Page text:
I as discussed yesterday, many winter forecast place a lot of emphasis on the state of the ENSO ie, La Nina or El Nino, and I'm sure you've seen the maps the say Nina's are warm and dry in the southeast during the winter. I'm thinking that some of those forecast may end up being wrong.
The effects of every indices and patterns modulate and change the effects of all the others, so you can't really make a blanket statement as to warm and dry. Plus the strength of the Nina changes the final outcome for our weather. Strong Nina's generally do mean warm and dry for us, but we are not expected to have a strong Nina and right now we are sitting pretty close to a neutral reading. To give you an example, take a look at the next two images that show past Nina's
As you can see, not every Nina was warm and dry, and there are a few other variables that may come into play this year that may change the effects of a La Nina.
The QBO or Quasi-biennial Oscillation is a quasiperiodic oscillation of the equatorial zonal wind between easterlies and westerlies in the tropical stratosphere with a mean period of 28 to 29 months. The alternating wind regimes develop at the top of the lower stratosphere and propagate downwards at about 1 km (0.6 mi) per month until they are dissipated at the tropical tropopause. Downward motion of the easterlies is usually more irregular than that of the westerlies. The amplitude of the easterly phase is about twice as strong as that of the westerly phase. At the top of the vertical QBO domain, easterlies dominate, while at the bottom, westerlies are more likely to be found.
Yea, lots of weather speak there but the important thing to take away from all of that is that we generally have better winters during a easterly QBO than a westerly. Eastward phases of the QBO often coincide with more sudden stratospheric warmings, a weaker Atlantic jet stream and cold winters in Northern Europe and eastern USA whereas westward phases of the QBO often coincide with mild winters in eastern USA and a strong Atlantic jet stream with mild, wet stormy winters in northern Europe. Also, an easterly QBO tends to generate more negative NAO's (North Atlantic Oscillation) which helps to contain the cold air over North America.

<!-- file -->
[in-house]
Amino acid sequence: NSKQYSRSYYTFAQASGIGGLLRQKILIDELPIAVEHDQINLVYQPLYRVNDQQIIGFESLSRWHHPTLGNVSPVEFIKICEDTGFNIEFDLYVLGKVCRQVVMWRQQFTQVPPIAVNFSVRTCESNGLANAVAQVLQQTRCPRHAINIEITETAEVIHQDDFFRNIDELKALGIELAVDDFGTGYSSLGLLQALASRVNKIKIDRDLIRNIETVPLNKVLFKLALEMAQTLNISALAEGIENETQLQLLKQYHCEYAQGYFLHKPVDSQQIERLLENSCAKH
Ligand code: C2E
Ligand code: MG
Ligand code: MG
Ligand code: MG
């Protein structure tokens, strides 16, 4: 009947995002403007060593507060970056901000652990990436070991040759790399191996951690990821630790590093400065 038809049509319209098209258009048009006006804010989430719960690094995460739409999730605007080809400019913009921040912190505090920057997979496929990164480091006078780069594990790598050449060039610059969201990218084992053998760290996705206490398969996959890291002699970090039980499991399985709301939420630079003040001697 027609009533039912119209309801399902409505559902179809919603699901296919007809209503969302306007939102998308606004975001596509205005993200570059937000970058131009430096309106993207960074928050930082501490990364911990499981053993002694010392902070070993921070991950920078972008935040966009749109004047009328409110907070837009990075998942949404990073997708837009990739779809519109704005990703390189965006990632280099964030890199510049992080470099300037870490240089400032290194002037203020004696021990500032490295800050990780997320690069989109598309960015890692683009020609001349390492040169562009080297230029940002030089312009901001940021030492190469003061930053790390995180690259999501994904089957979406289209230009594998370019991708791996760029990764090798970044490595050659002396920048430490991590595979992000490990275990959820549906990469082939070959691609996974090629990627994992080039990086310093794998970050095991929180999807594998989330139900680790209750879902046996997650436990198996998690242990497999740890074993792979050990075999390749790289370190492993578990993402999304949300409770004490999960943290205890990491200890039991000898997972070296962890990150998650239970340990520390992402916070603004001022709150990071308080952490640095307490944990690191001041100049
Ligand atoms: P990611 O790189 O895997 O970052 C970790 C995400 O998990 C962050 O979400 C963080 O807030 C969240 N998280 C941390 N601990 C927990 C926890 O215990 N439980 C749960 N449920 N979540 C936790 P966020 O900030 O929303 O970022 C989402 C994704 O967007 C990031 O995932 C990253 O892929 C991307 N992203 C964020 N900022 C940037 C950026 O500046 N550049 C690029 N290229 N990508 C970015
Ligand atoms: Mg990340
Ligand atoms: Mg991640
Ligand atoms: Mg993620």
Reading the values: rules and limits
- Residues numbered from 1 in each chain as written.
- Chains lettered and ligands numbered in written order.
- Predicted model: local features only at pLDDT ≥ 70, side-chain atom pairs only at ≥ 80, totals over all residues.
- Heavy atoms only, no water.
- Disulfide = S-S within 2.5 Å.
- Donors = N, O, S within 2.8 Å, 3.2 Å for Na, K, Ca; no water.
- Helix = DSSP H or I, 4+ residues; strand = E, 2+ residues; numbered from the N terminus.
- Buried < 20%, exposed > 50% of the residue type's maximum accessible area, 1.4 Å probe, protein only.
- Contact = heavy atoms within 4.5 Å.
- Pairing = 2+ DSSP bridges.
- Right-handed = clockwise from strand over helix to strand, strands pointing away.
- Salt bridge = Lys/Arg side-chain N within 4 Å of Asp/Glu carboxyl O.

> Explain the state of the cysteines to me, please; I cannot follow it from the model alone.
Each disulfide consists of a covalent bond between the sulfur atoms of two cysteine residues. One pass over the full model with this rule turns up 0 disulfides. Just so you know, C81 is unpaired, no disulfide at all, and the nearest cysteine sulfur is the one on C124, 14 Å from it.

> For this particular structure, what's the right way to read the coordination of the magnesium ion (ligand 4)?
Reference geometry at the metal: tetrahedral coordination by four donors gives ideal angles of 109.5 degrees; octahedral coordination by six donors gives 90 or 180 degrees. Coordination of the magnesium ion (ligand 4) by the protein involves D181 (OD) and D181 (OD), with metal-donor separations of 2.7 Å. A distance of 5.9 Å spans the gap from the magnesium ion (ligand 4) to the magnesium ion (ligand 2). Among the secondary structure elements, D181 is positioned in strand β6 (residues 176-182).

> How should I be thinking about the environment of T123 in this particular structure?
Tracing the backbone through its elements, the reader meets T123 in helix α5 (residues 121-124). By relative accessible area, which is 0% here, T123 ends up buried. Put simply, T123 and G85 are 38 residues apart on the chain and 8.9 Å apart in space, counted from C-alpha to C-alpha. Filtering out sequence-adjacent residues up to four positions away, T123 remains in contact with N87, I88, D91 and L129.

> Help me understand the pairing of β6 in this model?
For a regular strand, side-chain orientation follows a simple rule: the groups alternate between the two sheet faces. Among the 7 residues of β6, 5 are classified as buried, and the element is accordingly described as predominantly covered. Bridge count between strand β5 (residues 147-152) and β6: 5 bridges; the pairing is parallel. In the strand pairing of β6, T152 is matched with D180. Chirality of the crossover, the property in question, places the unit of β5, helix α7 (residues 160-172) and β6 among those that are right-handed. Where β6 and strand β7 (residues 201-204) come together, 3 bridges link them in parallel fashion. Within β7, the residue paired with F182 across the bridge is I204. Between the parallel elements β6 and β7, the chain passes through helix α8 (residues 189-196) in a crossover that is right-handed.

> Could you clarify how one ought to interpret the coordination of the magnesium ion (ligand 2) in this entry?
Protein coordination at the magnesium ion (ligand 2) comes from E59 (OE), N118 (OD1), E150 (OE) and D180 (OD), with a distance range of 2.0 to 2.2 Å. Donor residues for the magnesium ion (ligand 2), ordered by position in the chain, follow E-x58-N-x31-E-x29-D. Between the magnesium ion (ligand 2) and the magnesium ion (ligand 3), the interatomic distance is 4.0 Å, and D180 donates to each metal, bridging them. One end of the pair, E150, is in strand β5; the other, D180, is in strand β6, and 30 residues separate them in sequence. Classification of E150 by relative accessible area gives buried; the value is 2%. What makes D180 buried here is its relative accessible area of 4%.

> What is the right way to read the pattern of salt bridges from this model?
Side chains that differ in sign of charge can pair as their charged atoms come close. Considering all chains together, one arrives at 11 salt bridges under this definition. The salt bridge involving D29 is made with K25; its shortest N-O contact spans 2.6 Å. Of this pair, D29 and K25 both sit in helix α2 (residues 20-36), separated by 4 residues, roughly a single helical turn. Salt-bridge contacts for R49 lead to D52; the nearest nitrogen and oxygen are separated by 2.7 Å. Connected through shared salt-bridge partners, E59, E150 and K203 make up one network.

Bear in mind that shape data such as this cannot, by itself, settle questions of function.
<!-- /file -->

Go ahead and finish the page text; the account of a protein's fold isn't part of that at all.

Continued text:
It appears that this year we will have a easterly QBO.
I showed this image yesterday and it depicts the placement of ridges (+) and lows (-) during la Nina's, and how that changes based on whether you have a west or east based QBO. Notice that with an easterly QBO, the Bermuda ridge is suppressed south while a trough is also extended south over the central part of the country.
Let's look at another angle. The sun is beginning to "go to sleep" as it heads toward a solar minimum and that also has an effect on our winters. Notice in the image below how the ridge is suppressed even further during those low solar periods.
WeatherBELL released a few charts for the southeast that show what their internal "Pioneer" model thinks will happen this winter.
These bottom images show the effects of four parameters on our winter weather based on the forecasted state of each one, the ENSO (Nina/Nino), the AMO, TNA, and AO. As you can see, none of those are warmer than normal.
The final factor I'll talk about today is the potential for a Stratospheric Warming event. SW's occur more frequently during easterly QBO's and are always welcomed if you're a winter weather lover. SW events cause a disruption of the polar vortex, and depending on the strength, can dislodge some bitterly cold air south.
I'll be anxiously watching all of this as we head toward winter because as you know, I love winter weather. Not that I'd want to live all winter with cold and ice, but give me 4 or 5 good winter storms and I'll be good. :-)